Live Review: Wunderhorse at Rough Trade East, London
We sent Tiernan Cannon to see Wunderhorse perform in-store at Rough Trade East, in support of their latest album - Cub.
Date published: 25th Jan 2023
It was a bitter night. When I arrived at Rough Trade East in Shoreditch, there was already a long queue snaking along the path outside. Ordinarily, I wouldn’t have thought anything of it but before I’d left the house that evening I’d held my big, woolly jumper in my hand and thought to myself, ‘No, leave it. It’ll be roasting inside that place. You’ll regret bringing it.’ A terrible miscalculation to make within the dark, icy depths of a British January.
I was let off the hook by the queue mercifully moving quickly, for which I can only be grateful to the venue. A more vindictive bunch may have taken pleasure in watching all these hip, hot music fans shivering out in the cold, smoking rollies just to stay warm. As it was, we passed inside with minimal fuss.
We were here to see Wunderhorse, who were doing an in-store performance and record signing in support of their album Cub, which came out on Communion Records last October. It’s a lovely little record, tinged with Americana and melancholy, but I’d only initially listened to it out of a curiosity after hearing their name. It’s quite pleasing to encounter a rock ’n’ roll group with a name that, rather than evoking a sense of grit and sleaze, conjures an image of a beautiful stallion, showing off an exquisitely groomed, glistening white coat. A true wonder horse.
As the capacity crowd of 300 people continued to drip inside the front door, I wandered around the venue. A record store by day, the room was lit now with a strange red hue, with two enormous disco balls spinning from the ceiling making everything seem more romantic. Several Idles songs were pumped through the PA.
I went to the bar and ordered a can of Red Stripe. I'd remembered this drink tasting better when I’d last had it, maybe in 2015. Whether the quality of the drink had declined since then, or my tastes had become jaded, I couldn’t tell. I quickly sank it all the same and ordered another.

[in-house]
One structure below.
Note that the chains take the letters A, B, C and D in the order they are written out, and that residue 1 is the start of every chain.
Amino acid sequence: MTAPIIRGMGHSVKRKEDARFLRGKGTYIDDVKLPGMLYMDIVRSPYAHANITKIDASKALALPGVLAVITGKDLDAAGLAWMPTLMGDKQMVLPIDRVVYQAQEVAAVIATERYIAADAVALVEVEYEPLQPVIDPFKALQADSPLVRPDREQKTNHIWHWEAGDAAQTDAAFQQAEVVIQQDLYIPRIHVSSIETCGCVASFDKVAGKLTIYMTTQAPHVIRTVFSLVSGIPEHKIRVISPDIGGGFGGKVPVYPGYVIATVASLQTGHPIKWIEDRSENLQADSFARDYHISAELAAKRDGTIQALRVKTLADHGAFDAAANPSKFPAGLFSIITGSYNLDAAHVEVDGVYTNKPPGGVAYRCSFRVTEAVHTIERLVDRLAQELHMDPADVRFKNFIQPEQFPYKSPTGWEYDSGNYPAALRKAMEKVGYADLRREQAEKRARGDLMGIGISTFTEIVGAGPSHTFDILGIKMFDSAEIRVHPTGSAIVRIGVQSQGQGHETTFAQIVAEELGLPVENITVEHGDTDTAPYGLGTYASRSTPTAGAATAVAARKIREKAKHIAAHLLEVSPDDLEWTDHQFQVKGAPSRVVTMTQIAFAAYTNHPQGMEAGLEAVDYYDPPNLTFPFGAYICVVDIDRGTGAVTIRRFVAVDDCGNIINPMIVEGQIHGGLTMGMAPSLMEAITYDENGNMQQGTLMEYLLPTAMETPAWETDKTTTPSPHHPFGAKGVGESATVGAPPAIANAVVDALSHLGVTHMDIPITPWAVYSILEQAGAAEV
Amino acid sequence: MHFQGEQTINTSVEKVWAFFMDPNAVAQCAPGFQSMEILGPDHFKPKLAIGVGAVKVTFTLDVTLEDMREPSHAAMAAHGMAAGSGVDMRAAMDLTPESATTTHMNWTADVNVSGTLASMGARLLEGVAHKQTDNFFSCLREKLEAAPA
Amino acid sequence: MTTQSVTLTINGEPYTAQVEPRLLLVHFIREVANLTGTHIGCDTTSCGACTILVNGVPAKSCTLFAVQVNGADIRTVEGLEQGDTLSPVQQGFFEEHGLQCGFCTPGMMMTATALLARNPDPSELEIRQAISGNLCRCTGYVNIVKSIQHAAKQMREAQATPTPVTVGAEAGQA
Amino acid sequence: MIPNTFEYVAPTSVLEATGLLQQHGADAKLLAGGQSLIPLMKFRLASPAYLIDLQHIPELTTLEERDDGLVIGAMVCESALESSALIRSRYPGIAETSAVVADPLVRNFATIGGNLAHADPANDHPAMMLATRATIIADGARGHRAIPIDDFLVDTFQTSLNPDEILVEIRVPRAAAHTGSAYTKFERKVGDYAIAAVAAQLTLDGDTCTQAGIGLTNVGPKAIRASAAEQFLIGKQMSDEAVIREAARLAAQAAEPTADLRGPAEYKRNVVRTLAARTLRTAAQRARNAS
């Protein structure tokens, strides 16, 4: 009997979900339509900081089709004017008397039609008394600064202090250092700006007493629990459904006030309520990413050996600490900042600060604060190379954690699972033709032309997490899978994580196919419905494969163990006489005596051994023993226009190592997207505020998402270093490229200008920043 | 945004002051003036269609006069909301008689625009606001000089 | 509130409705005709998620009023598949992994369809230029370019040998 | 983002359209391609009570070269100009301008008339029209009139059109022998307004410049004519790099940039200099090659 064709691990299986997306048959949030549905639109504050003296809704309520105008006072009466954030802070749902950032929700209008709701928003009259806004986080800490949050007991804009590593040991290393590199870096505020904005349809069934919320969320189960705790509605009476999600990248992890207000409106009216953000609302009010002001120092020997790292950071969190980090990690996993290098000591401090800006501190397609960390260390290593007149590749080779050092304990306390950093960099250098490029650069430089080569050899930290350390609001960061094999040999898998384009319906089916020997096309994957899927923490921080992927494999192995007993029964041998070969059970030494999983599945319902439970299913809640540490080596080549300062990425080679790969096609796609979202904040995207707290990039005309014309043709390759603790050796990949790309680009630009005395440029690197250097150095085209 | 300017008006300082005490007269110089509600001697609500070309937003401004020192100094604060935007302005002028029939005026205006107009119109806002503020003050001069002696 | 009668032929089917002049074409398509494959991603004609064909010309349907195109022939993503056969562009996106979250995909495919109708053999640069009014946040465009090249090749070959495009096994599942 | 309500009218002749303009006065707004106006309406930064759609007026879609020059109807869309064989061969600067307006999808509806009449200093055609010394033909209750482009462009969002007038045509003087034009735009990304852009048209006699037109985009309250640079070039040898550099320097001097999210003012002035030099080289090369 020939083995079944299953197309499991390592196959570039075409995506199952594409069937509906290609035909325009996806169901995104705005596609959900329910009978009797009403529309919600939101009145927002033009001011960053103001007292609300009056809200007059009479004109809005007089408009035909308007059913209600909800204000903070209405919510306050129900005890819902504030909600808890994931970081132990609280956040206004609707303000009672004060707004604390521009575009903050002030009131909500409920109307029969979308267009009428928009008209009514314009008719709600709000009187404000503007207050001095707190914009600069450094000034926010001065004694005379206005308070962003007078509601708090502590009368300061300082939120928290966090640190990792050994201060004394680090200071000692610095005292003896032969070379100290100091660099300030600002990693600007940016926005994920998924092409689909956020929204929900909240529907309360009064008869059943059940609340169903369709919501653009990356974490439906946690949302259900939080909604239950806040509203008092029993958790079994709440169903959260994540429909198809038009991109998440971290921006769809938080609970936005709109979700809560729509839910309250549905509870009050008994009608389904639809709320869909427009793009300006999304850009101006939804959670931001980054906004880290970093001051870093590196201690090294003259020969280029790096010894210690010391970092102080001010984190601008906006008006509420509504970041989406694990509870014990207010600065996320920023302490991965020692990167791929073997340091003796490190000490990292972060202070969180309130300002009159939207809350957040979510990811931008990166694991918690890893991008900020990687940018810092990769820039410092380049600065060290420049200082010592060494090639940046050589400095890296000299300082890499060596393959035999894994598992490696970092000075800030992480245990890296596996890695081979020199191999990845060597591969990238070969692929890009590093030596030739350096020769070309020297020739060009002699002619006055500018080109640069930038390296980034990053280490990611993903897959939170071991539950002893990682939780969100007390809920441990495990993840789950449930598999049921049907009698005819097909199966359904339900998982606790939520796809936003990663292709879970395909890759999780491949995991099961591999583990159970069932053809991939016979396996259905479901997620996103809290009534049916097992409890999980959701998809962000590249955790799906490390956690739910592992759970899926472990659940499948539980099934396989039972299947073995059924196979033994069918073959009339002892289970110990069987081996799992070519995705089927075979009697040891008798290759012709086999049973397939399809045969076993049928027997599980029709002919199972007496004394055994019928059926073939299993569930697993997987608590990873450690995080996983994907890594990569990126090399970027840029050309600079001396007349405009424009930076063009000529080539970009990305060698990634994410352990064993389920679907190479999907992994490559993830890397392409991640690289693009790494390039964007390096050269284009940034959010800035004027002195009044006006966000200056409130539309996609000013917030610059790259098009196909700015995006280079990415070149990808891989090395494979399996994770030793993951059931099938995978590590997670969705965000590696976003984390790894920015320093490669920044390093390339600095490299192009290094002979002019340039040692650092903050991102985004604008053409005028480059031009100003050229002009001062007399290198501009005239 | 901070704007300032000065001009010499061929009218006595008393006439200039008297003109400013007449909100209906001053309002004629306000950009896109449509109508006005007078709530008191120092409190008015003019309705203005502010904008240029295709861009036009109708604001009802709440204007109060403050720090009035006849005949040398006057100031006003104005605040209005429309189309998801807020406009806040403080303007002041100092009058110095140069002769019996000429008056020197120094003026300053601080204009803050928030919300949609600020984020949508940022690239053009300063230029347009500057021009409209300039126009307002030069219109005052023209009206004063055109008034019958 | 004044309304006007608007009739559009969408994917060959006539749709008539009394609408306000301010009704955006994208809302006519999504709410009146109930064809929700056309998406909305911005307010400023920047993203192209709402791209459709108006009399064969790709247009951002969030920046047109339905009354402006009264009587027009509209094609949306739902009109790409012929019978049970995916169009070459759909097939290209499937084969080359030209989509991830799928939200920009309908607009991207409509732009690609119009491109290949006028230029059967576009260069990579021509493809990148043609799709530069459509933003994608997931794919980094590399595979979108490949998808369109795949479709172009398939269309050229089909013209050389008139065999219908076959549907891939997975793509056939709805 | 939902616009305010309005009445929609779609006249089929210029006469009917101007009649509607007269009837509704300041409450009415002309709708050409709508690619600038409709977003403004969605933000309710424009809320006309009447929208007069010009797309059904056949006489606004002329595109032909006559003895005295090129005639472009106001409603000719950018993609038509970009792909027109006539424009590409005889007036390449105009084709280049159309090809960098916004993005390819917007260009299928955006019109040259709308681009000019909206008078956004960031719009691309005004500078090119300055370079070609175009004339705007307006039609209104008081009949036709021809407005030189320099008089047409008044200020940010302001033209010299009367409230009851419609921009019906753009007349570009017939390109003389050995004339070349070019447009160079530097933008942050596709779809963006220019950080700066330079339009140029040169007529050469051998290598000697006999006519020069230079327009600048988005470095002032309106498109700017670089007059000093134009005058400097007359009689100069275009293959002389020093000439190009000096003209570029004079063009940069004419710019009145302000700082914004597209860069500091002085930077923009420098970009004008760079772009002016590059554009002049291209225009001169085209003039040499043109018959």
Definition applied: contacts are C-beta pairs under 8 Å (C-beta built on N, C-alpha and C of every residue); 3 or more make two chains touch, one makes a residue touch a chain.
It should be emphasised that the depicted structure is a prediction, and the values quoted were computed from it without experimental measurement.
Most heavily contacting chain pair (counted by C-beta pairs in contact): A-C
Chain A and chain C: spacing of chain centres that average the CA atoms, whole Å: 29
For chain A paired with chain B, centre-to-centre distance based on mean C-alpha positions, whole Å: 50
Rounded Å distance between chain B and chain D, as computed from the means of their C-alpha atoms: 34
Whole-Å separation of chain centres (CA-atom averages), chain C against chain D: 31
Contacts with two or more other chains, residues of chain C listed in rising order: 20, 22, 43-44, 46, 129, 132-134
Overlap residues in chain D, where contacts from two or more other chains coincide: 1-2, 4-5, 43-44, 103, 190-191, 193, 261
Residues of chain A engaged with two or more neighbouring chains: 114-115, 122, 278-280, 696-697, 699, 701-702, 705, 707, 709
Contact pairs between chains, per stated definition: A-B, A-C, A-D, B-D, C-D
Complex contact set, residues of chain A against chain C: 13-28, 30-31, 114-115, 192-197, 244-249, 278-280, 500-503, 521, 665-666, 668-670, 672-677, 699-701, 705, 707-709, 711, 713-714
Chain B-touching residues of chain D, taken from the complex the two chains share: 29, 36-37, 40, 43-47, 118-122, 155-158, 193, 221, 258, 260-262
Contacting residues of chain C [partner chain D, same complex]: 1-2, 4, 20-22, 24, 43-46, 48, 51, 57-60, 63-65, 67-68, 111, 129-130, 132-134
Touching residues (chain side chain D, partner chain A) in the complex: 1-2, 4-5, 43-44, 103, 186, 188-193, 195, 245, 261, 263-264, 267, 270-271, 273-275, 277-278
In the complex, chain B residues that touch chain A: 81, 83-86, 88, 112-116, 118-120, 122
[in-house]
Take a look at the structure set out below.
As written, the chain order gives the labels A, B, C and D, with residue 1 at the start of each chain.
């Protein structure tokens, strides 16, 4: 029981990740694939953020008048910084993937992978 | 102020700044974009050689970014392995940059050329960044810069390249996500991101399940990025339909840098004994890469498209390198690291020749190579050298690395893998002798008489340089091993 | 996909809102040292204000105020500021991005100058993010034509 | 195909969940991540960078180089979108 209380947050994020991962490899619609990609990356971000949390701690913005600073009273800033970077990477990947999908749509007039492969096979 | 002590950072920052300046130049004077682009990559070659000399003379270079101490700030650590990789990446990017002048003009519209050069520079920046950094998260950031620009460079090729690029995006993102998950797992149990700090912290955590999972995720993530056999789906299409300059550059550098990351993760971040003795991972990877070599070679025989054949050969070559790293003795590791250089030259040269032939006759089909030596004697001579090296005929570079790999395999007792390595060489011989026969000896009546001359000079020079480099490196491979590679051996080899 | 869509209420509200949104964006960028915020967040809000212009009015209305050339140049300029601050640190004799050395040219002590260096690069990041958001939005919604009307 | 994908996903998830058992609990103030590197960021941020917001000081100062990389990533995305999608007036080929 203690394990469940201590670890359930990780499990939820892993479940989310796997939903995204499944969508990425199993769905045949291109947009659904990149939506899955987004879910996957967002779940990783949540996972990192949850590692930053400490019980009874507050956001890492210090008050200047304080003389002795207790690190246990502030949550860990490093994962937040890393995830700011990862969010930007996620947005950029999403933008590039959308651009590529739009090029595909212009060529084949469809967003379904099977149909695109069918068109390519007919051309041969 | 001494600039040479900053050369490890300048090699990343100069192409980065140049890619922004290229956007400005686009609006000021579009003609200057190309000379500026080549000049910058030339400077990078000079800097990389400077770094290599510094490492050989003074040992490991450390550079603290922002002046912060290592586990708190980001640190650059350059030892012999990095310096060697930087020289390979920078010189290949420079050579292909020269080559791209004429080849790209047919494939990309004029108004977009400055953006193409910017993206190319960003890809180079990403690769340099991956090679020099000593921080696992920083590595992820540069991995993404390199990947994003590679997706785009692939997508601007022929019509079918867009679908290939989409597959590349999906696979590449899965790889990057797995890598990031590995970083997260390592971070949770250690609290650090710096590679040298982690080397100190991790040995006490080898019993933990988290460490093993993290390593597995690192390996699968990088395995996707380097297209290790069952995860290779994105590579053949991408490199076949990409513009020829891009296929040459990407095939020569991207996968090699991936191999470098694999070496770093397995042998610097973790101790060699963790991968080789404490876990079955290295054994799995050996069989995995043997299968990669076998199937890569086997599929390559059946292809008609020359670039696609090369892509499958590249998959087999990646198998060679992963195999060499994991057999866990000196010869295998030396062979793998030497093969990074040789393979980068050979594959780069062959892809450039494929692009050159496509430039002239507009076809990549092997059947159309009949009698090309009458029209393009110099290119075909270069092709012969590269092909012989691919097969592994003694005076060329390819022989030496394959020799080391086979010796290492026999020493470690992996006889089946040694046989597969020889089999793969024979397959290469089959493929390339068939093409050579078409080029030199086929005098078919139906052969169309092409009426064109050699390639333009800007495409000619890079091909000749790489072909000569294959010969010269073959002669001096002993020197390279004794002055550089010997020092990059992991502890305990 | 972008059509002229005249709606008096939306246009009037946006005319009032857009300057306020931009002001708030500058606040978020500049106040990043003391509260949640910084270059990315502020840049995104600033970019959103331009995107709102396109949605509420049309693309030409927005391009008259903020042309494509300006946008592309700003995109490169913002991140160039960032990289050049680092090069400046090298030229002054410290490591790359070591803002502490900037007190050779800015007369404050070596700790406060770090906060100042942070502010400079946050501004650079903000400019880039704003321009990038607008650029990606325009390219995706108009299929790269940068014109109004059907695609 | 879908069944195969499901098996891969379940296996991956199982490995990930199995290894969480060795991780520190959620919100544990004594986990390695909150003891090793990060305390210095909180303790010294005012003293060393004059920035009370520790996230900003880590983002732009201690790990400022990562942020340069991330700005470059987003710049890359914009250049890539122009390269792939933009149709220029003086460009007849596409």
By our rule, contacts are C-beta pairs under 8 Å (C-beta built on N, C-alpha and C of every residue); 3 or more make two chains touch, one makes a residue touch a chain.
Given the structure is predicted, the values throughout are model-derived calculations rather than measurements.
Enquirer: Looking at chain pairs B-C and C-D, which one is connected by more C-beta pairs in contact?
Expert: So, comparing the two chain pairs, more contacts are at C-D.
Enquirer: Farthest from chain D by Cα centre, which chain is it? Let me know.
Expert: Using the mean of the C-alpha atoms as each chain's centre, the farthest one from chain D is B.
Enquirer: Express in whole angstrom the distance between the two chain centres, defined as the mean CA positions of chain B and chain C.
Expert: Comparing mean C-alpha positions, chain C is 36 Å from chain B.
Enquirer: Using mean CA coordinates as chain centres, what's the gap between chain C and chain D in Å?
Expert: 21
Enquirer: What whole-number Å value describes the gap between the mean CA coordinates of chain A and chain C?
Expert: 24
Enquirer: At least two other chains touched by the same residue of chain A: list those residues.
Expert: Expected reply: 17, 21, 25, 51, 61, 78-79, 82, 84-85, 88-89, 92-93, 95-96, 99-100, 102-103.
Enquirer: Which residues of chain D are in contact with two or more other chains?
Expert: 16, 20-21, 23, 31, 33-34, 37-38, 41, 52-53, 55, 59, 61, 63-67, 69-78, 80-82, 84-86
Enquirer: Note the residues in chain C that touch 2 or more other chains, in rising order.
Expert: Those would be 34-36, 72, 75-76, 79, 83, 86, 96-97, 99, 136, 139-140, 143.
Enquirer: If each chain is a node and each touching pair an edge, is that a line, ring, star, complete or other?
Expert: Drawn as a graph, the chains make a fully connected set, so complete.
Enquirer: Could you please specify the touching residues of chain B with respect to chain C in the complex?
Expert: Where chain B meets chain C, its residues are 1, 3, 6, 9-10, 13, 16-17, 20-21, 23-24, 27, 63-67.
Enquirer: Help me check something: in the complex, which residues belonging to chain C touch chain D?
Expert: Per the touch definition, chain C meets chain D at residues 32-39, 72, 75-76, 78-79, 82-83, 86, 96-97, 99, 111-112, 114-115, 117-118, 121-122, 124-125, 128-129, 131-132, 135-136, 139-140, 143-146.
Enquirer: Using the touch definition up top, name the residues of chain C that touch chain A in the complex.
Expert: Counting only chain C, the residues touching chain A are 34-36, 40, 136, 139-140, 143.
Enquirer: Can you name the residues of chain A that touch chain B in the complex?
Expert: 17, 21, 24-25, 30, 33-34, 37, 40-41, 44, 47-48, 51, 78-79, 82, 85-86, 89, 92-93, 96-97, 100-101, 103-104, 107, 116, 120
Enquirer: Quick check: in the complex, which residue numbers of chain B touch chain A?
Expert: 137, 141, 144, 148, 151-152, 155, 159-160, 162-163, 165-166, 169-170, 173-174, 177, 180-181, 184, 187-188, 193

With this second can making me feel relaxed, I began to listen in on the conversations of the musos around me. It seemed everyone was talking about drummers. I noted that not a single person I could see was wearing Doc Martens, even though five or so years ago about half this same crowd would certainly have been dragging those big cumbersome boots around. How fashion ebbs and flows.
These were the sorts of pointless thoughts I was lost in when the band walked on stage around 8 p.m. I hadn’t noticed until the hip, hot people around me had started cheering. I snapped out of my reverie to find the band’s frontman, Jacob Slater, staring out at us all. A wry smile crossed his lips, and we were off.
They began with a psychedelic number called 'Poppy'. I was feeling sleepy and I got the impression much of the crowd was too, so it was pleasant to be eased into the swing of things with a floaty song like this.
Wunderhorse’s tunes can reach a frenetic pitch at times but they are always anchored by an underlying relaxed, wistful quality. They veer into early Radiohead at times. They can sound like Elliot Smith. Especially on the song '17', Slater’s vocal performance is plainly reminiscent of John Martyn on his 1973 record 'Solid Air'.
In the middle of the set, the band played the song 'Purple'. This, Slater explained, was the first time they’d ever performed it live, a fact he himself seemed baffled by. Out came people’s phones to record the moment.
Towards the end of the roughly hour-long set, we saw a couple of nods to other songs. As they launched into a tune Slater told us was new, he started to sing what sounded like 'Somewhere Over The Rainbow'. Before playing 'Leader of the Pack', one of the band members — perhaps the bassist, but it was hard to tell because of how low the stage was — started singing "Sweet Home Alabama”, which was gratifying because I hadn’t been sure if everyone else heard how similar the riffs between those two songs are, or if it was just in my head.
The gig ended without an encore. The set was pleasantly short, leaving me feeling satisfied and warm. I didn’t stay for the record signing, and when I stepped outside the venue, I didn’t notice the cold so much. I made my way home, happier than when I’d left.
Check out our What's On Guide to discover more rowdy raves and sweaty gigs taking place over the coming weeks and months. For festivals, lifestyle events and more, head on over to our Things To Do page or be inspired by the event selections on our Inspire Me page.